Elsewhere, Calyptia Fluent Bit Enterprise — which recently entered public beta — is pitched as its flagship product, one that enables companies to deploy first-mile observability smarts inside their own environment “…to ease operations, decrease observability costs, and manage observability at scale,” according to Gupta. “Fluent Bit is the engine for first-mile observability, and Calyptia Enterprise for Fluent Bit ensures that any organization can realize all the benefits.”
But how does Calyptia save on observability costs, exactly? Well, a lot of it comes down reducing back-end costs and so-called “egress” fees, which are often “hidden” fees cloud providers charge whenever a company wants to lift data from one place and move it elsewhere. By analyzing data at the source, this saves on at least some of these costs. Moreover, users can minimize the amount of raw or “poorly-filtered” data they channel into pricey backend storage services — with Calyptia, they can choose which backends are best suited for a particular log data stream, and even discard “bad” or irrelevant data before it consumes too many backend resources.
“As you can route to multiple backends, users can choose the right cost / value for their observability data,” Gupta explained. “Additionally, we’ve had users simply filter out logs they know are not valuable — for example, we’ve seen users save 78% on data egress and backend costs when users exclude noisy notice-level logs from firewalls.”
The open source factor
As with just about every other commercial company built on an open source foundation, one of the core selling points of Calyptia is that it’s vendor agnostic and will generally play nice with whatever other technologies a company has in place. And given that Fluent Bit and Fluentd are governed by the CNCF, this gives (prospective) customers peace-of-mind from a licensing perspective.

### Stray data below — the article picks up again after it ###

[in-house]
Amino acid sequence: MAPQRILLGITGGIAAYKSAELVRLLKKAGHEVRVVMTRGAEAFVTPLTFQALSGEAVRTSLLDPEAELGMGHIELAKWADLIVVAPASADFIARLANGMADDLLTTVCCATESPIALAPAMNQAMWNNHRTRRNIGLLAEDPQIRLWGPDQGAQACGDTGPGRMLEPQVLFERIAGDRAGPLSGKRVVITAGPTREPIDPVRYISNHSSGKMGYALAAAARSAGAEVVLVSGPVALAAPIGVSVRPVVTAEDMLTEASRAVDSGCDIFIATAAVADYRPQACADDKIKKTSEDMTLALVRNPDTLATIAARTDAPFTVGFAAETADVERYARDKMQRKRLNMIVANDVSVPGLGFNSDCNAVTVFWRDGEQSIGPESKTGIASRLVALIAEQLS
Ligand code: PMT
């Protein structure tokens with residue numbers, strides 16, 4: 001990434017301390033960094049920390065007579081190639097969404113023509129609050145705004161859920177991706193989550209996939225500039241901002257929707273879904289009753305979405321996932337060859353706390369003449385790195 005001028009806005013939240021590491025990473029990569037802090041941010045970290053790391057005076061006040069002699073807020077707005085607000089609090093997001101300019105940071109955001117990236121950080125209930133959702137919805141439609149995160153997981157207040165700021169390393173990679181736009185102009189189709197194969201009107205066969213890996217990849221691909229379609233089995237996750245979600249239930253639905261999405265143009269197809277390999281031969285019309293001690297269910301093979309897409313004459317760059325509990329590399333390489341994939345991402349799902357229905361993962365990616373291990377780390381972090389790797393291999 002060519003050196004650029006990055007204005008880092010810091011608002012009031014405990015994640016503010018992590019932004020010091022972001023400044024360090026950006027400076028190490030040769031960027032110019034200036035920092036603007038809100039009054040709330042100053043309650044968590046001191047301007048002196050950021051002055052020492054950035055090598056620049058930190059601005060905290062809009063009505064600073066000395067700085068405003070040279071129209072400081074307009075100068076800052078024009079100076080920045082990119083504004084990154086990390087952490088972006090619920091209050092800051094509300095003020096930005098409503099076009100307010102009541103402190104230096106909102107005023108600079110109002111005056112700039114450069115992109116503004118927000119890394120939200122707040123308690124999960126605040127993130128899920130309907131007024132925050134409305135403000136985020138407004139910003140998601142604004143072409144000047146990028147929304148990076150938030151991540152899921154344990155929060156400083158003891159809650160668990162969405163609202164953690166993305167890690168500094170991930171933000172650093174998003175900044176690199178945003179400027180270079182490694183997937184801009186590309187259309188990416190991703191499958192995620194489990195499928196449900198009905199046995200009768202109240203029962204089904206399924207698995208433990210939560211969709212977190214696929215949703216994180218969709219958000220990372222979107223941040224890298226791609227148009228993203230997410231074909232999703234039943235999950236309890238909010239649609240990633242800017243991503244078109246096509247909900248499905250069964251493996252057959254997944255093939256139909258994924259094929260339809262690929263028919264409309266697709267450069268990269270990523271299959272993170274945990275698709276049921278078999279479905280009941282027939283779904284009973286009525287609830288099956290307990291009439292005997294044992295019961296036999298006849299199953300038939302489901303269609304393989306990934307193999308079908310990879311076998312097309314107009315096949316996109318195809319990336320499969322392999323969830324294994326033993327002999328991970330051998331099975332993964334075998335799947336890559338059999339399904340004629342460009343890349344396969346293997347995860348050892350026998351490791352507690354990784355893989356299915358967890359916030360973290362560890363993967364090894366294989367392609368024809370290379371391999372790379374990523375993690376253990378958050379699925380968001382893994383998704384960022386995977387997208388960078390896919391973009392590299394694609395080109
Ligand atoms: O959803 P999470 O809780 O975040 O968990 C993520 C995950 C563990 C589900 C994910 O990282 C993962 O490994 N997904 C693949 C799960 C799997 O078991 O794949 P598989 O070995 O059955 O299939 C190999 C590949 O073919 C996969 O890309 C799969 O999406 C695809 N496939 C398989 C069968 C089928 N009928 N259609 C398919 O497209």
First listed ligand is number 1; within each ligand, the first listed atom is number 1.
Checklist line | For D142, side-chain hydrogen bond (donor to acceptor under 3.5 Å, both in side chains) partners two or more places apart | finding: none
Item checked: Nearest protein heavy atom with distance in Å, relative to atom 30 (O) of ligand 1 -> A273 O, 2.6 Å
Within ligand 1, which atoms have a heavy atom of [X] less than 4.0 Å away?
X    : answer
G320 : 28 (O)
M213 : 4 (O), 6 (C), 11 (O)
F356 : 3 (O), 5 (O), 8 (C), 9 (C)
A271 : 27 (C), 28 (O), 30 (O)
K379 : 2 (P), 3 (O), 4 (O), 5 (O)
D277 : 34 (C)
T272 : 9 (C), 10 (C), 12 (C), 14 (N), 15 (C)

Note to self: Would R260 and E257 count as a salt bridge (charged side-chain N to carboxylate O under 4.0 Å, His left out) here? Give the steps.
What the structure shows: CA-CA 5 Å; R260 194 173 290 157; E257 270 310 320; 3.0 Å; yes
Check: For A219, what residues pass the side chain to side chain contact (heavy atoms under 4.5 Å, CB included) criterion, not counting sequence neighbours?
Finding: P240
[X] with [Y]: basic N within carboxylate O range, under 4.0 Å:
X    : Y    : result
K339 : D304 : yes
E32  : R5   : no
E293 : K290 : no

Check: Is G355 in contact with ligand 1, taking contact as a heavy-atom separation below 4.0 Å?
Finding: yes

“Users who have multiple backends or tools do not have to worry that their data might be favored to a single endpoint over another,” Gupta said. “Additionally, being part of the CNCF means that users can adopt and embed this technology within their own solutions without having to worry about proprietary licensing or any potential licensing changes.”
In terms of customers and revenues, Calyptia is keeping its cards fairly close to its chest, but it did say that it has a “growing number of enterprise customers from a diverse set of verticals,” spanning cloud providers, financial services, banking, messaging services, and more.
Moreover, Gupta said that they’re seeing some interest from organizations that have previously used the open source Fluent Bit project, and who are now looking to scale things with the enterprise edition.
“What we’ve done with Calyptia Enterprise is take the most powerful open source tool for first-mile observability — Fluent Bit — and make it fully accessible for the enterprise,” Gupta said. “The quicker an organization can diagnose, troubleshoot, and respond, the better their systems will perform — and the business as a whole will benefit.”